As jobs go, this one surely beat them all in the multi-skilling stakes.
You need to be an electronics technician as well as being generally handy with anything mechanical to do with scientific equipment. For example? Winches, cables, underwater housings, instrument fittings and assemblies.
You need to be good at problem solving, logistics, report writing, quality control and working with volunteers.
And all that at sea, some of the time.
Not to mention, being part of the world’s quest to understand the deep ocean, working with internationally recognised scientists in world class facilities as well as the merchant shipping industry.
And what’s the job?
Advertised recently by CSIRO, it’s to play a pivotal role in two programs. One is the XBT (Expendable BathyThermograph) program dropping probes which measure temperature at varying depths, from ships that are part of the SOOP (Ship of Opportunity) Program.
The other is the Argo ocean-observing float program, continuing to add to the more than 3,900 drifting floats currently operating in the upper 2,000 meters of the world’s oceans.The program represents millions of dollars’ worth of scientific monitoring instruments stowed inside thousands of free-drifting floats that are continually measuring, not just temperature but also salinity and the speed and direction of ocean currents.
The data they collect, however, is invaluable. The data is relayed via satellite, giving scientists the world over unprecedented access to one of the world’s most comprehensive real-time datasets, and the largest source of global subsurface data for the world’s ocean models which underpin global climate, ocean and weather forecasting systems.
The data is also used for purposes such as navigating merchant ships along ocean corridors and guiding researchers in observing migration patterns of marine animals.
Deploying the floats
The profiling float used in Argo was originally conceived during the World Ocean Circulation Experiment during the 1990s, after which a team of scientists came together to form the international Argo program. Argo stands for Array for Real-Time Geostrophic Oceanography.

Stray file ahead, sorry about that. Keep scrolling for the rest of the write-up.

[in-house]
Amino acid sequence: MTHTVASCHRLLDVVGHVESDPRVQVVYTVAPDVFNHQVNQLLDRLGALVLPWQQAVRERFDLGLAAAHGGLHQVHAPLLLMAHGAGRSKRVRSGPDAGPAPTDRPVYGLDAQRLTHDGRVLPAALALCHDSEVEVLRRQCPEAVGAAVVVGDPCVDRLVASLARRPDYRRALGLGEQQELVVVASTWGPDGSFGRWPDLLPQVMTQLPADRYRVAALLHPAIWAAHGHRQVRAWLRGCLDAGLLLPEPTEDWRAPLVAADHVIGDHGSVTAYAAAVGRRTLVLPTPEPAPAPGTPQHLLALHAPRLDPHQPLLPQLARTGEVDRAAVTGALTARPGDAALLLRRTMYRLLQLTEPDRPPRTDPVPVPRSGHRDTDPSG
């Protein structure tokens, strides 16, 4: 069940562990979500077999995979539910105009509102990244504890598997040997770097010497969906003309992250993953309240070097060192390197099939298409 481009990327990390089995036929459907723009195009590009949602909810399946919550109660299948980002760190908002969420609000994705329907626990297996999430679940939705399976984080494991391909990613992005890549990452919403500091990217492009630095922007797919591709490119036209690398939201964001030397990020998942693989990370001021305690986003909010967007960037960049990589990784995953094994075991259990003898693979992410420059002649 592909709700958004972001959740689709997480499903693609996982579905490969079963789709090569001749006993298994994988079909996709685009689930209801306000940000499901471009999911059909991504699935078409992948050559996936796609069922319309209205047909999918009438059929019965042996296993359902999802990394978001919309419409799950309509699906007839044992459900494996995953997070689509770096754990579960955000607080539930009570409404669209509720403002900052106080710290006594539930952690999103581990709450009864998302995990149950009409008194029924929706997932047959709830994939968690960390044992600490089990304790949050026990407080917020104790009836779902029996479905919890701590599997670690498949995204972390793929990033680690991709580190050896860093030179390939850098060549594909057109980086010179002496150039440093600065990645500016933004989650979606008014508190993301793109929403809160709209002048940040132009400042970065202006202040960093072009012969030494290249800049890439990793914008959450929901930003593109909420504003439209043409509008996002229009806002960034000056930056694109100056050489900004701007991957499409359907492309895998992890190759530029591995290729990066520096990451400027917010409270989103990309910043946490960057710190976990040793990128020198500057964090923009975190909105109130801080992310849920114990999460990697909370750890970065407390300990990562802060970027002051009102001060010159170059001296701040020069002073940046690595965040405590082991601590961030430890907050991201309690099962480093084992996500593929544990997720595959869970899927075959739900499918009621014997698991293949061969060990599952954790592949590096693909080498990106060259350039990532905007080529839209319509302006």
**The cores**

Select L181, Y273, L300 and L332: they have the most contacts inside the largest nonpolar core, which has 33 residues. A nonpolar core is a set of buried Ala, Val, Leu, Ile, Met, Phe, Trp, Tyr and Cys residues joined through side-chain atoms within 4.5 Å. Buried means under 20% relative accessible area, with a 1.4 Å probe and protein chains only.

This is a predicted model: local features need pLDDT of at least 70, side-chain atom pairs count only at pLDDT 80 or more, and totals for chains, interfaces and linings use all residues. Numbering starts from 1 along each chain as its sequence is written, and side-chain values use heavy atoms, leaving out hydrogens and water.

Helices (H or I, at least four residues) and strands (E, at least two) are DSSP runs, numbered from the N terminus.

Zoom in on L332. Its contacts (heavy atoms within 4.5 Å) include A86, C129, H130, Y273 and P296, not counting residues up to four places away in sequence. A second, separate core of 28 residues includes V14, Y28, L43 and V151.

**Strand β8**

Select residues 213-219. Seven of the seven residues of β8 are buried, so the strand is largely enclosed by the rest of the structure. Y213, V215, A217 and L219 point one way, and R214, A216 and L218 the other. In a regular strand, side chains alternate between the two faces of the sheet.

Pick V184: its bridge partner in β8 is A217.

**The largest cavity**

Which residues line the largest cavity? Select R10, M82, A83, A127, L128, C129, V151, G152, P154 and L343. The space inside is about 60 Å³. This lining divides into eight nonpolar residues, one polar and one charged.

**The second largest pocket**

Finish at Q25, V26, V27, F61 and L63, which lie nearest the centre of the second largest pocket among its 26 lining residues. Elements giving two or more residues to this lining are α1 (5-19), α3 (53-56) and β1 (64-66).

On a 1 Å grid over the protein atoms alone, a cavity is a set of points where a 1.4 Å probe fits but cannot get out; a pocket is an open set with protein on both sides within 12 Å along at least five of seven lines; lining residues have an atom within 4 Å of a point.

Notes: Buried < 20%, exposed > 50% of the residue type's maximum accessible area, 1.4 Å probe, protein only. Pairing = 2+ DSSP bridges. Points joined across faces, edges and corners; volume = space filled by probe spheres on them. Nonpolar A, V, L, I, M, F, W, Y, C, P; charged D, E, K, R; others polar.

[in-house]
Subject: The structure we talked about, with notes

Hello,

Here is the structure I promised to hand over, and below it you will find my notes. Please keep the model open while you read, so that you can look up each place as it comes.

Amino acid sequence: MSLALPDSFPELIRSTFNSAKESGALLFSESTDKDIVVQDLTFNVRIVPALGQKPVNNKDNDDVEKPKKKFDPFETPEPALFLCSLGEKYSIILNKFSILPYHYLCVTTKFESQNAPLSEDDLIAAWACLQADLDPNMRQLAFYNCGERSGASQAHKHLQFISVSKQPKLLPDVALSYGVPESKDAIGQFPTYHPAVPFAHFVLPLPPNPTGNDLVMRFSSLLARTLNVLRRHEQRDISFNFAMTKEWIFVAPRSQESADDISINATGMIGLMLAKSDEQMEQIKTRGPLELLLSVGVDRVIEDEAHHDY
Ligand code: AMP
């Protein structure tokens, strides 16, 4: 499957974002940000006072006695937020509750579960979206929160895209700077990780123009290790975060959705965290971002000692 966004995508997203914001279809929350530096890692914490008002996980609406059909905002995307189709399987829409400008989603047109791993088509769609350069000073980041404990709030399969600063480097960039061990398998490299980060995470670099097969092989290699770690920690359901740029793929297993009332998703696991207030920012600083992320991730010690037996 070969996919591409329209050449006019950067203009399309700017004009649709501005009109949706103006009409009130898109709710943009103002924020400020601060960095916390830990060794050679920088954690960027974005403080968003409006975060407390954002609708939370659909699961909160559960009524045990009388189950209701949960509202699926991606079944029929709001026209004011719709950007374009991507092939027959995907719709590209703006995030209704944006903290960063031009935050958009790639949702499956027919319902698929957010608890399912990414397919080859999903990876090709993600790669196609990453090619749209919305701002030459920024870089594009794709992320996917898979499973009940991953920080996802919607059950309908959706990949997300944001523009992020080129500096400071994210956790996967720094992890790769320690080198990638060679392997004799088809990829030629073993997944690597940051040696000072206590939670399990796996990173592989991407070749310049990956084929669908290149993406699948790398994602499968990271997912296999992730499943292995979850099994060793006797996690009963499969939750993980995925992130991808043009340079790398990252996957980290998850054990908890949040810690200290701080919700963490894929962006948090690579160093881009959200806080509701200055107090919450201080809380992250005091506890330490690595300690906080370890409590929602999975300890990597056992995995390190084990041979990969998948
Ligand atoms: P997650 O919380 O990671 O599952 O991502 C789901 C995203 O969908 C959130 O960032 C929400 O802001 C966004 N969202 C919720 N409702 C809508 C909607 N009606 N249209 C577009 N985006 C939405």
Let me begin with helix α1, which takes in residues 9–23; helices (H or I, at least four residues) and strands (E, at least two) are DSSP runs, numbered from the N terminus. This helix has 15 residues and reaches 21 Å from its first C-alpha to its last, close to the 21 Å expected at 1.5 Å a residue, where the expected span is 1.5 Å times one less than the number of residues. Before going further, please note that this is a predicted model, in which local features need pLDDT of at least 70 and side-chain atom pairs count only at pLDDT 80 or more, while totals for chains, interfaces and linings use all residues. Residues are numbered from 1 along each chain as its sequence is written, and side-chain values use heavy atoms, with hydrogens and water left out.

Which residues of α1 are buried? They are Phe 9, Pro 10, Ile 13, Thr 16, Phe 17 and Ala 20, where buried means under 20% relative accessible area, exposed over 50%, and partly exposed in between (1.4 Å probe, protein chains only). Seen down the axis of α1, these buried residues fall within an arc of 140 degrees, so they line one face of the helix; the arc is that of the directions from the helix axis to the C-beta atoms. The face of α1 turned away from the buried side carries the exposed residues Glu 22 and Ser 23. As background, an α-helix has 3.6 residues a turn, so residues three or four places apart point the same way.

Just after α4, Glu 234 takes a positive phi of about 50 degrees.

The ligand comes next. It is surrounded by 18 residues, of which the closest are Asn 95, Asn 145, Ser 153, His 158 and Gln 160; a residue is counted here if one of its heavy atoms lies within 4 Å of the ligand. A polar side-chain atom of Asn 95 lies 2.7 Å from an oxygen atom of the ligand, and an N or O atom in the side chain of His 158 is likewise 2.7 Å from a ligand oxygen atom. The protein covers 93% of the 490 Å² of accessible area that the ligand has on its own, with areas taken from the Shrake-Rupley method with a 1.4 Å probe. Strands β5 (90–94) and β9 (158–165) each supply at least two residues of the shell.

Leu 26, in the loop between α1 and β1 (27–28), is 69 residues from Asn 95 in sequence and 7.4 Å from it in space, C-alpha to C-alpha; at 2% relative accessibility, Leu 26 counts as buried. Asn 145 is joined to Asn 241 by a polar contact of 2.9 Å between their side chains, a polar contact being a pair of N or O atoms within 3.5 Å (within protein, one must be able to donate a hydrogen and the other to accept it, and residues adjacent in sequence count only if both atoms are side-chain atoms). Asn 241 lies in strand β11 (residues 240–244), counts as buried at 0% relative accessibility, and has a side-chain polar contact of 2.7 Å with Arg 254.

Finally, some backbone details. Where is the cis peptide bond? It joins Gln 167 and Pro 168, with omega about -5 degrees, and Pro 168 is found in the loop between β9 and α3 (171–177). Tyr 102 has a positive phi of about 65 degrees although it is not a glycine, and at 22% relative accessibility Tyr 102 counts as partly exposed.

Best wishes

Today, the Argo program is a collaboration of prestigious scientific institutions around the world, and includes an Australian contribution led by the CSIRO.
CSIRO technical officers Alan Poole and Craig Hanstein are responsible for the logistics of Australia’s input, where each float will be deployed and making sure each float arrives at its destination in optimal condition.
It’s a job that has taken both men along shipping routes between Melbourne and Singapore, across the Pacific Ocean, and even down to Antarctica.
Poole is retiring after 9 years with the Argo team, though he has worked in seagoing technical support for marine science for decades. Hence, the recent job ad.
“I’ve been to South Africa, New Caledonia and New Zealand,” says Poole. “Once there, we conduct tests on the floats to make sure they survived the trip. Then we instruct the technicians at the [destination] port how to deploy the float themselves and occasionally we go on board and ride alongside the float ourselves.”
The job has its perks. Craig Hanstein made the round trip to Antarctica in three weeks: “When we arrived at the French research base, we were greeted with amazing hospitality from the scientists. We were able to go on a day walk across the ice to where the French first arrived in the area, and even to a nearby penguin colony.”
And the environment provides a unique opportunity: “When I’m at sea, one of my favourite times is a night time, when you’ve got a clear sky and you’re in the middle of the ocean looking up at the stars, you really appreciate the world you’re in.”
Recovering damaged and stray floats
More than deploying new floats overboard, recovering and analysing damaged floats is a key part of the job.
Floats can be damaged through a number of ways including becoming snagged on the ocean floor, human interference or, as Poole discovered, a fault in the equipment.
“We could tell from the technical data that the float was leaking, but in order to find out what was wrong we had to recover the float. We managed to find it and, with the help of an American engineer, we actually disassembled it on the beach and discovered that the antenna wasn’t installed properly, causing a very tiny leak.”
Although the damage was miniscule, it could have caused the float to become obsolete, losing some or all of the data it had collected.
And every float counts in piecing together the picture of what’s happening below the surface.
The Argo float program – a global commitment to sharing
CSIRO oceanographer Dr Susan Wijffels leads the Australian Argo facility—a component of the Integrated Marine Observation System. She coordinates its implementation with national partners including the Bureau of Meteorology, the Royal Australian Navy, and the Antarctic Climate and Ecosystems Cooperative Research Centre.
“The data is distributed in real-time in two different ways,” explains Wijffels. “The first way is through the meteorological agencies’ own data-swapping service where it is relayed to the various meteorology agencies around the world. And Argo also has their own separate data-assembly centres in France and the USA. We send out data to both of those and they synchronise with each other at least every hours.
“The information that the Argo floats provide is vital,” she adds. “They are used to underpin important forecasting services used across many sectors and industries, as well as being essential to many ocean and climate research endeavours. Argo data are used in at least one research paper produced every day.”
The position Argo/SOOP Sea-going Technician is no ordinary job. Applications have closed, alas.